Morinville Councillors reflect on their ups and downs over past four years

by Jennifer Lavallee

For nearly four years, Lisa Holmes, Barry Turner, Nicole Boutestein, Brennan FitzGerald, Rob Ladouceur, Gord Putnam, and Stephen Dafoe have led Morinville’s local government. These seven residents have been tasked with leading the governance of our Town; it’s been a job ripe with both its rewards and its challenges.

When it’s all said and done, Council members will have served about 1,500 days in office during the term. The Morinville News spoke with Town Council and asked each of them to reflect on what they are proud of accomplishing over the last four years, and what is still left to do.

Lisa Holmes. “I’m proud of the open and transparent culture we’ve developed on council; I think we’ve redefined the role of municipal councillor in Morinville,” stated Mayor Holmes, who said there have been many successes over the last four years. Implementing programs such as Incredible Edibles and the Junior Mayors have been personally rewarding, she said. Council has also worked hard to rebuild relationships with its neighbours, which is the key to the future in regional government, said the Mayor. “Investing in regional economic development…opens up so many options for the Town, including the new rec centre,” she stressed.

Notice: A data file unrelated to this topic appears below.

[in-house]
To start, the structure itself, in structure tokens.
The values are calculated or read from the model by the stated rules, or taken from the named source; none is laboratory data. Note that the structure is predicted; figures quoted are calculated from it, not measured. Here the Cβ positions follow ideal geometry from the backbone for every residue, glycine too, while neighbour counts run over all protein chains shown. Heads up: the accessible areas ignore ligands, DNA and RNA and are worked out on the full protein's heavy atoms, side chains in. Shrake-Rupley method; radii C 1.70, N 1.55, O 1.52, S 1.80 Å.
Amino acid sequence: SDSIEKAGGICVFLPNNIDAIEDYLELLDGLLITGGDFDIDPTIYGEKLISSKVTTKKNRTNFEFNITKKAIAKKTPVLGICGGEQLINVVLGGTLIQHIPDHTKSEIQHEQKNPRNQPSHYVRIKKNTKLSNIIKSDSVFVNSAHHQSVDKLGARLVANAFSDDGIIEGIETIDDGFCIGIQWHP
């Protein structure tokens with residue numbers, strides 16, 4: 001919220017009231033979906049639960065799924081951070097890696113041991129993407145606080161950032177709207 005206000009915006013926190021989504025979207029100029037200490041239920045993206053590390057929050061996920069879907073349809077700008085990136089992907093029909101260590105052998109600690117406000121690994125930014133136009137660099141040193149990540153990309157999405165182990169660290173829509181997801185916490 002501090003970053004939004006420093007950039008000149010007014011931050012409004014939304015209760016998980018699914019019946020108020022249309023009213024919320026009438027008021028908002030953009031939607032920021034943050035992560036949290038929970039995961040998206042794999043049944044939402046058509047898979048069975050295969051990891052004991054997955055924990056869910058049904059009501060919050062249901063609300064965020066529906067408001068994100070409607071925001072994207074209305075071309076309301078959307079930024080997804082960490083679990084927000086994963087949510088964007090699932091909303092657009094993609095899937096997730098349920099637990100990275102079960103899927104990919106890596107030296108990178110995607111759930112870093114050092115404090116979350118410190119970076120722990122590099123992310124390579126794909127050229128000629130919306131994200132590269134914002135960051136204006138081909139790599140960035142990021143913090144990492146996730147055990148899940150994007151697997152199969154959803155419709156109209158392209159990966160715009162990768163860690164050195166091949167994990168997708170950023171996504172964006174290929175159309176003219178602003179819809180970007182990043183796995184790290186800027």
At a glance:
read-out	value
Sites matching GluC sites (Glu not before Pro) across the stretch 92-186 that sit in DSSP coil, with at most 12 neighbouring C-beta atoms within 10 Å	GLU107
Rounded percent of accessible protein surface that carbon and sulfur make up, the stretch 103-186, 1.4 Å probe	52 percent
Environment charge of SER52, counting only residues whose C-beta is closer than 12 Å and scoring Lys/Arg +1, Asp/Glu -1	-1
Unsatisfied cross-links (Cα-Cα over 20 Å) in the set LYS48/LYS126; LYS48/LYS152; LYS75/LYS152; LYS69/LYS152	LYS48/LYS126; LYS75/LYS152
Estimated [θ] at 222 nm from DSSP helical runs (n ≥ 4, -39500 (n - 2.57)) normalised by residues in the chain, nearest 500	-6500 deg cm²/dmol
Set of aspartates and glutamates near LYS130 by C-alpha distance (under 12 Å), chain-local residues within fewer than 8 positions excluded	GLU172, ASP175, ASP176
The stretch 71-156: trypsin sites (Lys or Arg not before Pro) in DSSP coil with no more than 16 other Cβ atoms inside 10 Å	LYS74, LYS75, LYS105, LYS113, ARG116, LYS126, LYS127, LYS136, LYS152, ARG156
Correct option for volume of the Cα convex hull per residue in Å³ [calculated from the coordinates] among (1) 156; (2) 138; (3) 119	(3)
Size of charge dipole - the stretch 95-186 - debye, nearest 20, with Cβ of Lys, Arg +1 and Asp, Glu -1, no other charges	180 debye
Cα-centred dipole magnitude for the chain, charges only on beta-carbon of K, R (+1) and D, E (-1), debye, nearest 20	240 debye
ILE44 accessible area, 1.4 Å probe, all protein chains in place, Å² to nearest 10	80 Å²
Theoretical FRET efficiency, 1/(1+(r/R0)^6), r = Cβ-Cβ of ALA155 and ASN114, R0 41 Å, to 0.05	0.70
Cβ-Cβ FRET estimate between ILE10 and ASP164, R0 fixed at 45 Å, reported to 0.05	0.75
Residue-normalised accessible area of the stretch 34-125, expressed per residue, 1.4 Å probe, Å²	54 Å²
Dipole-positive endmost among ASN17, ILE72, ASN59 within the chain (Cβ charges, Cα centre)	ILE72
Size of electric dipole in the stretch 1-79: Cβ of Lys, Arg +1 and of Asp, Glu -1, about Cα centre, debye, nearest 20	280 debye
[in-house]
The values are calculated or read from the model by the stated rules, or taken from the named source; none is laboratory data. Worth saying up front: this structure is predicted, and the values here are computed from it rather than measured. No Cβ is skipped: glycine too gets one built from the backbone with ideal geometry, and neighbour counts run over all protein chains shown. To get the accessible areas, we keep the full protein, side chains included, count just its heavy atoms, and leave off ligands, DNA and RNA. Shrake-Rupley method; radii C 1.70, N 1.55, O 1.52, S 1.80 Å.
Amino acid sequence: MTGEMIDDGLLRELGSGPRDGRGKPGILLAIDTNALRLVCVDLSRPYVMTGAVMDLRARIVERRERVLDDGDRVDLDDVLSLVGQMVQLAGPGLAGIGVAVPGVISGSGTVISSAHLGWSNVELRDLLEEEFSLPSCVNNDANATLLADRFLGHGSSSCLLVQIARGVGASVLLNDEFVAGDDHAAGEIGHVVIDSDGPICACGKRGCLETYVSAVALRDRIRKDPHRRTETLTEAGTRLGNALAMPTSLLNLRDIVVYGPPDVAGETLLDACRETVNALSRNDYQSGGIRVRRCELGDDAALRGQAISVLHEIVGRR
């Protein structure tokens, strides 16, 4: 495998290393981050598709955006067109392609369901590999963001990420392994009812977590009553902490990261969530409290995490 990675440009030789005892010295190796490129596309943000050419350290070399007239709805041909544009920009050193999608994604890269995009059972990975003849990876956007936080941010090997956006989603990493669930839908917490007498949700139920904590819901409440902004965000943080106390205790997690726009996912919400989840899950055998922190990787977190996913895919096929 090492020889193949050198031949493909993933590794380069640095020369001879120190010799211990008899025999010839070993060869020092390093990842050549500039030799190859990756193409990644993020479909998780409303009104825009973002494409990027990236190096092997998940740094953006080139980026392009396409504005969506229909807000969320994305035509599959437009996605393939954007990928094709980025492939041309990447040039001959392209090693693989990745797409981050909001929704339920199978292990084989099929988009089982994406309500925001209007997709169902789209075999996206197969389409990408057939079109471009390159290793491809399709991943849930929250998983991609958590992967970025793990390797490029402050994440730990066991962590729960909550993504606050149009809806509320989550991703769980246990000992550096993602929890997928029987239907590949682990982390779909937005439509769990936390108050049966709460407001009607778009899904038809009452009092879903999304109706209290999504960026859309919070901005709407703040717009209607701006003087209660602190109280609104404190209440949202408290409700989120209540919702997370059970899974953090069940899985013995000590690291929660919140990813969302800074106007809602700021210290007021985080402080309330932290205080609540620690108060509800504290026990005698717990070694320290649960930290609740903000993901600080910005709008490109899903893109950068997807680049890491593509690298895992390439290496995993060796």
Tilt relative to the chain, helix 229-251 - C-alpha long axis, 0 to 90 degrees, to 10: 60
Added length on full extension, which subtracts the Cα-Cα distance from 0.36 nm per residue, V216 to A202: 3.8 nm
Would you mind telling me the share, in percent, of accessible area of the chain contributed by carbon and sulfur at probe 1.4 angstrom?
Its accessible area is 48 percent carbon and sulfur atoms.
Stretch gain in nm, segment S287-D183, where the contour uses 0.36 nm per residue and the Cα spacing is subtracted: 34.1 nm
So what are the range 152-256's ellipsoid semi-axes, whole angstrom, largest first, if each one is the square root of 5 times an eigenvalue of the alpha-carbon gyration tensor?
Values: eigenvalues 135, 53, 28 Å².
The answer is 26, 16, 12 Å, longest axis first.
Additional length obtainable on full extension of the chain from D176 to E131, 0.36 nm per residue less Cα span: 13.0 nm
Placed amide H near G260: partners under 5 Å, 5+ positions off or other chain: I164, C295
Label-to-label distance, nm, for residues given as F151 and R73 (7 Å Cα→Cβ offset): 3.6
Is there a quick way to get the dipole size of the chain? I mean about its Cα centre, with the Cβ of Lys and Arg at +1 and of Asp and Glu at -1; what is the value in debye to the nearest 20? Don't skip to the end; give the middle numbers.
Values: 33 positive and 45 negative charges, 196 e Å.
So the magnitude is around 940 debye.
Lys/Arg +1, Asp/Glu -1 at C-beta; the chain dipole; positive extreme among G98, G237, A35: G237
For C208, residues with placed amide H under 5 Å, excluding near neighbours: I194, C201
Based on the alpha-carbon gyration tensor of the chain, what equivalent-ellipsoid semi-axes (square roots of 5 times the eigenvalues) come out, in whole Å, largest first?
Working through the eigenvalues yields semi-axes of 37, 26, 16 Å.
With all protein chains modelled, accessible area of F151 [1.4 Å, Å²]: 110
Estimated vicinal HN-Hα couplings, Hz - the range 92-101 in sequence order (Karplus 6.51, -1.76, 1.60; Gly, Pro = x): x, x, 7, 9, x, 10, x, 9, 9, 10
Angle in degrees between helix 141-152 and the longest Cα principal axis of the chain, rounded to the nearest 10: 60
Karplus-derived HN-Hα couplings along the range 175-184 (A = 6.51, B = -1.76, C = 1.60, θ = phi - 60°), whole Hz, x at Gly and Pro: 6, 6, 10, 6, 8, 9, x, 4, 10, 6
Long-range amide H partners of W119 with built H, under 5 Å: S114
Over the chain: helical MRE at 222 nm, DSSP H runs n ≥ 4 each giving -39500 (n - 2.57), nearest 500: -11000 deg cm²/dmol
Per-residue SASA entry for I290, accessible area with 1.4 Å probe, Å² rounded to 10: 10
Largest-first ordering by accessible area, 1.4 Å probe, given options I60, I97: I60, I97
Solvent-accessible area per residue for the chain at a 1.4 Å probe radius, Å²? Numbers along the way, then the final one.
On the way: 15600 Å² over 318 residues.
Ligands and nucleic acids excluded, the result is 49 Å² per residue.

The Regional Recreation Centre has also been one of the challenges faced by Council, according to Holmes; “I wish the rec centre project was completed faster.” Other things that Holmes wishes had been tackled this term include more work on internal policies to ensure they all reflect modern provisions.

All-in-all, Holmes believes the touchstone of this council was their availability to the public and their open communication style. “I think we are a Council of the people, and we’re very representative.”